The debate has generated hot hearing exchanges tailored for cable news. Republicans had promised to use their new majority in the House to zero in on policies they deem to be "woke."
The Heritage report is also concerned that the military is lowering its standards -- specifically physical fitness requirements -- in order to "even the playing field."
They cited the Army's new fitness test -- rolled out last summer after a troubled development -- as an example of the problem. The report argues that the largest military branch has potentially hurt recruitment by lowering its minimal physical fitness standard over concerns that women were not going to pass.
"I think that if you water it down and take away something that is hard, and frankly exclusive, about the warriors who joined the military, I think that obviously is going to have an impact on recruitment," Heinrichs said.
As Heritage points out, the new Army Combat Fitness Test, or ACFT, was originally intended to have gender-neutral grading standards. An earlier version of the test also tasked soldiers with doing pull-ups and touching their knees to their elbows.
That event was eventually replaced with the plank, and gendered standards were put in place after it was discovered roughly half of women could not pass an earlier version of the ACFT.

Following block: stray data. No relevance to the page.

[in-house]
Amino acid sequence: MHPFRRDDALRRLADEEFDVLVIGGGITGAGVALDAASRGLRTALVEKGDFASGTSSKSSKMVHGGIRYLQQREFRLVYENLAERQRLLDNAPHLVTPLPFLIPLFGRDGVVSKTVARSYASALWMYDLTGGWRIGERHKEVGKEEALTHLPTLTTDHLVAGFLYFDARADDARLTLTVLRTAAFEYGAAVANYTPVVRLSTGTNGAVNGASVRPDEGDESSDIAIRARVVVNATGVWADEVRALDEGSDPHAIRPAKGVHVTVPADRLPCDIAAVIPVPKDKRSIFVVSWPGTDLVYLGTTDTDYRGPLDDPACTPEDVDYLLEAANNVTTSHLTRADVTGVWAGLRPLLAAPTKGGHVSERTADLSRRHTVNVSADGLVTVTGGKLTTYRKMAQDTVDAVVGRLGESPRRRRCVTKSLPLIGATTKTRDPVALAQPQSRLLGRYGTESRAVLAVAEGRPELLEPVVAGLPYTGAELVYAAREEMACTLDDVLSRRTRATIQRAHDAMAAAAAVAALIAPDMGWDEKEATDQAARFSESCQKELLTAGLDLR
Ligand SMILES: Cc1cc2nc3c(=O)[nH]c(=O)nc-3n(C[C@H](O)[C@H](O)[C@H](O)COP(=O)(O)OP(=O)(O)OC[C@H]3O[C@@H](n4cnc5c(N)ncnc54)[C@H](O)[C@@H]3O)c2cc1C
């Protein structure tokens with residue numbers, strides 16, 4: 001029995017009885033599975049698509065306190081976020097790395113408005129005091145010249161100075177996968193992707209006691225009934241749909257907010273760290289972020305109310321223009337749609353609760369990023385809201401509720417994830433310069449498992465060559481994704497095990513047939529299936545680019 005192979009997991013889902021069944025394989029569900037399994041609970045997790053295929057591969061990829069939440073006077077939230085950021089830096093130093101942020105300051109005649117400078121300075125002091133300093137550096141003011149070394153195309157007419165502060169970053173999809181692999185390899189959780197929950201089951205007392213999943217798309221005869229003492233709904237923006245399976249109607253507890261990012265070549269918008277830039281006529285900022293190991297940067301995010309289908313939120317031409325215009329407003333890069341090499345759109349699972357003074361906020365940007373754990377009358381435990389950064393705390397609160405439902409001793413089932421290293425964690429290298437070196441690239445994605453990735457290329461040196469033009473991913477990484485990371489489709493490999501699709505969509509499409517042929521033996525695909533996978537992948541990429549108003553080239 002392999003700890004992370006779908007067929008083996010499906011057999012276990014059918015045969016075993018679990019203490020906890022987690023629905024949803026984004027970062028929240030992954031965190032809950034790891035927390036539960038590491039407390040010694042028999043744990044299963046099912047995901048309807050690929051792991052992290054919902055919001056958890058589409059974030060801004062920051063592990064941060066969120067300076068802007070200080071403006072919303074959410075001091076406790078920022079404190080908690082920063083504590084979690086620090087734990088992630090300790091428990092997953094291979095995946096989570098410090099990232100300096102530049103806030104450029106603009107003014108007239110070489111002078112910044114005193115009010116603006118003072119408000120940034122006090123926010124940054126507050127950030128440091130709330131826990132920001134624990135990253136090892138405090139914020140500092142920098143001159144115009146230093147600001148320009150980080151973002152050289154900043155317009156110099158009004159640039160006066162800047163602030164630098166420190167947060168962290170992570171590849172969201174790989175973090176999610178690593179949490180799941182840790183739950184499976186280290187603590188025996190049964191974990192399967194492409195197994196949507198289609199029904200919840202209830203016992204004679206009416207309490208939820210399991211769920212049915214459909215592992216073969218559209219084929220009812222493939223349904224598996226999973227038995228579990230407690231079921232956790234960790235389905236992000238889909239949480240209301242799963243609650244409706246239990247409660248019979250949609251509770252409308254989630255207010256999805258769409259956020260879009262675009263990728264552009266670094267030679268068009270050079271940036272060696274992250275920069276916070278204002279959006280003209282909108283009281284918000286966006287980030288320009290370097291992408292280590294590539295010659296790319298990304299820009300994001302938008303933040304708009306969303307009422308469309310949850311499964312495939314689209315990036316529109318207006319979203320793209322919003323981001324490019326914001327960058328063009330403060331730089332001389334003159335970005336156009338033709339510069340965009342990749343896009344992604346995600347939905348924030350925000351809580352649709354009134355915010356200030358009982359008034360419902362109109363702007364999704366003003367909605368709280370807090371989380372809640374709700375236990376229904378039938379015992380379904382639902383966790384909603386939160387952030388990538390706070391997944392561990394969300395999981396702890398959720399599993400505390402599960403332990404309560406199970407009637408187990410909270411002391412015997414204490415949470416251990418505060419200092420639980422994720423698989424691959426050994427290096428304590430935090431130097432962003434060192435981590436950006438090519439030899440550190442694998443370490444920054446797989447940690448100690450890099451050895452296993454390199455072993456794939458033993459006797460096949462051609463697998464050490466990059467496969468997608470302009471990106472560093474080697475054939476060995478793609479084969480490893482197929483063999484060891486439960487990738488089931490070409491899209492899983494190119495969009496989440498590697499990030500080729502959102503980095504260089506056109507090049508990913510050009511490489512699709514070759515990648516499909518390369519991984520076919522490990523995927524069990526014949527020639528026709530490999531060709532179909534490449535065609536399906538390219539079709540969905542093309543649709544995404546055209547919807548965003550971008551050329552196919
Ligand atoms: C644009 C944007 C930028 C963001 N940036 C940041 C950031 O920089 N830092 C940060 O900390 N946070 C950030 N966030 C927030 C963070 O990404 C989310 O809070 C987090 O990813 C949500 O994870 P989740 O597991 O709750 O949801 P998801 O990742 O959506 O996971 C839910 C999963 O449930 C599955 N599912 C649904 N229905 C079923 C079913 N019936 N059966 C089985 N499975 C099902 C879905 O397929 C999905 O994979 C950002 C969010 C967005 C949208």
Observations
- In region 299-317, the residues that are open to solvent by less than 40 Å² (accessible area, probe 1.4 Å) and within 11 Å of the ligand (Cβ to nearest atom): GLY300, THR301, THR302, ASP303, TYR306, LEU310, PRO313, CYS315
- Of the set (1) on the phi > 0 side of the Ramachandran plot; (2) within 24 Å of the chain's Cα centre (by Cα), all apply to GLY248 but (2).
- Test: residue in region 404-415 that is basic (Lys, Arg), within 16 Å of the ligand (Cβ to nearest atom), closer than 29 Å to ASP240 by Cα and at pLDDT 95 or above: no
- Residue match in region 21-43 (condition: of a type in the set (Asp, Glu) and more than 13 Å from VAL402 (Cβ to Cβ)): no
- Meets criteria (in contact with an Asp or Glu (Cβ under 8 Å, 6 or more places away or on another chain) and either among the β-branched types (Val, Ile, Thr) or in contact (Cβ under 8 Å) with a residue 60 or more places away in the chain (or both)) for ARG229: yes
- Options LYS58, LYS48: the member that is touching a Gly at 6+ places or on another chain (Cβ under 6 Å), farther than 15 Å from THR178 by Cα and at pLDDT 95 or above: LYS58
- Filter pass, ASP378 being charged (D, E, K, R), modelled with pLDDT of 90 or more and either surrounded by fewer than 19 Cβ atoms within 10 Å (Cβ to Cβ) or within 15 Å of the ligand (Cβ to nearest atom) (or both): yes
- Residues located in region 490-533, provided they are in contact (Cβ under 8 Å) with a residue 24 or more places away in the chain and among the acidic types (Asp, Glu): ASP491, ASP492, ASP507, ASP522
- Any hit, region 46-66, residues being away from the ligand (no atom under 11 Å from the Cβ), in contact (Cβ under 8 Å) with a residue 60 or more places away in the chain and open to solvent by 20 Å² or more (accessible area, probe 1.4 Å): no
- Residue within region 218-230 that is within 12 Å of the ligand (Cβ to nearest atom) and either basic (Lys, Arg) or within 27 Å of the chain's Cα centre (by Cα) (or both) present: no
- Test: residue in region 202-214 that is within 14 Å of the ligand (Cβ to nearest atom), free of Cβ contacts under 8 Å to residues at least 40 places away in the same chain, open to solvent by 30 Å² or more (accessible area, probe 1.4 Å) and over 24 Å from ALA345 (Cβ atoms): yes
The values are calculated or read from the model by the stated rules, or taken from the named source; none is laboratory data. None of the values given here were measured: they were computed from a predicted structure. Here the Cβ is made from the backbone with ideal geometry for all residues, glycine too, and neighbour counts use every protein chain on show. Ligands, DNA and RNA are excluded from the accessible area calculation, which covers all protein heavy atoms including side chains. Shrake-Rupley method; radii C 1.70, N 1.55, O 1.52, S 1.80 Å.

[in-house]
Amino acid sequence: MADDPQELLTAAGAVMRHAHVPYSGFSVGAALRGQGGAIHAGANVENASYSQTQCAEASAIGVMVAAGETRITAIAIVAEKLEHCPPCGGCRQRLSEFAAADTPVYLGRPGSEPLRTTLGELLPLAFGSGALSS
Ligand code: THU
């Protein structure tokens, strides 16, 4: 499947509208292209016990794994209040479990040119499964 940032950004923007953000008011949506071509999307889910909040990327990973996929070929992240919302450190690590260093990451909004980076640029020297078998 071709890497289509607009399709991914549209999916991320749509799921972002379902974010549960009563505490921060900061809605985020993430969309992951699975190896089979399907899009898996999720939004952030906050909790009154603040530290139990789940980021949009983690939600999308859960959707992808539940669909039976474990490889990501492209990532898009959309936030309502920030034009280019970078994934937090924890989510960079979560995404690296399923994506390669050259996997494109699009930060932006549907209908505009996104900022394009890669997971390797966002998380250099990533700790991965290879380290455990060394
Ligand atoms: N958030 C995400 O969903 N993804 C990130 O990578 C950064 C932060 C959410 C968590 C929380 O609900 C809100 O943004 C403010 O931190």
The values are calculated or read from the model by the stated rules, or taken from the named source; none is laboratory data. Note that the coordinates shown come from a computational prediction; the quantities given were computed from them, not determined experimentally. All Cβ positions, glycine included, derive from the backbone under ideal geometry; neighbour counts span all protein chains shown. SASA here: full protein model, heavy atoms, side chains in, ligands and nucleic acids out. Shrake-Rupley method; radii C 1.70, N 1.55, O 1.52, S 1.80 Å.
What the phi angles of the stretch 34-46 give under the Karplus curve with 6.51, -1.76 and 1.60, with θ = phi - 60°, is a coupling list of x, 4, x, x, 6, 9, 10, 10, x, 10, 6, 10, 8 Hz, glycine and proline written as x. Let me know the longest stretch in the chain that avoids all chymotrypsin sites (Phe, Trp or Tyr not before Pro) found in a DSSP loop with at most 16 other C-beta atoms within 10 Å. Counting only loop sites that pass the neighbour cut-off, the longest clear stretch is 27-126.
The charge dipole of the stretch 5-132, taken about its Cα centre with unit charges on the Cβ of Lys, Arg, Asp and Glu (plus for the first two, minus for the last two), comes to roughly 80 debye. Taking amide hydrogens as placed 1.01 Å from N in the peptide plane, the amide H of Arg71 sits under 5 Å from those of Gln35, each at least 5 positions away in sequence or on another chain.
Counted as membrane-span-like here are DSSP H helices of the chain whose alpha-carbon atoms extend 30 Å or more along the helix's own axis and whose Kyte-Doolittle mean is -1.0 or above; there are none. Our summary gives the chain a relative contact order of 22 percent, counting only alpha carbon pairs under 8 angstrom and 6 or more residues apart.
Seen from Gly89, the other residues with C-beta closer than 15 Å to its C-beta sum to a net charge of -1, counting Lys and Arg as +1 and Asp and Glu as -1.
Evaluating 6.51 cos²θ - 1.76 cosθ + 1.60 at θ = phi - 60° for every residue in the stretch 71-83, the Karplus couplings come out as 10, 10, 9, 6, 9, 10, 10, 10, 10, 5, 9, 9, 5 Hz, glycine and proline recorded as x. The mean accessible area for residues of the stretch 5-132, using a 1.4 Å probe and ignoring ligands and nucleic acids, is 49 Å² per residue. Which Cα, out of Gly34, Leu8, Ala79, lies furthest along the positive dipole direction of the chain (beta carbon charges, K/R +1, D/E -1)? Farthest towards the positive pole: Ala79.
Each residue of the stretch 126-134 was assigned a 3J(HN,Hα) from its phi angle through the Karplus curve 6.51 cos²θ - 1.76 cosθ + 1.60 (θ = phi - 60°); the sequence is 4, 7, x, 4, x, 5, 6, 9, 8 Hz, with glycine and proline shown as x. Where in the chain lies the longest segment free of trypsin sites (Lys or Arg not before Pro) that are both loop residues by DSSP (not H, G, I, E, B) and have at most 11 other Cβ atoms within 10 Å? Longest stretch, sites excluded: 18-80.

However, the new test is largely considered a much better measurement of fitness than its predecessor, which only measured push-ups, sit-ups and a two-mile run. The new test measures deadlifts, hand-release push-ups, how long a soldier can hold a plank, a timed two-mile run, an event in which soldiers sprint and carry heavy weight, and another in which troops throw a 10-pound medicine ball as far as they can.
The think tank report includes a poll that Heritage conducted with both civilians and service members on some of their greatest concerns.
Among the military, the poll showed 41% of service members felt both reduction of physical fitness standards to promote equity and an overemphasis on diversity, equity and inclusion programs were the top two areas of politicization that drew concerns.
The report found that "70% of active-duty personnel ... stated that reduction of physical fitness standards to 'even the playing field' had decreased their trust in the military."
However, the poll sampled only 301 service members -- a much lower number than most national polls would use and nearly four times fewer than the sample used in this poll for the overall public. Heritage polled 1,000 Americans of all ages and 299 more Americans 18 to 24 years of age for other results.
The survey found that the top reason for a loss of trust in the military among adults in the U.S. was "reports of sexual assault in the military."
To Mike Berry, a former lawyer for the Marine Corps and another member of the panel, the issue comes down to the fact that "we're in an era in which our young people are being told, 'America is not worth sacrificing for, America is not worth serving, America is not worth risking your life for.'"
-- Steve Beynon contributed to this report.
-- Konstantin Toropin can be reached at email@example.com. Follow him on Twitter @ktoropin.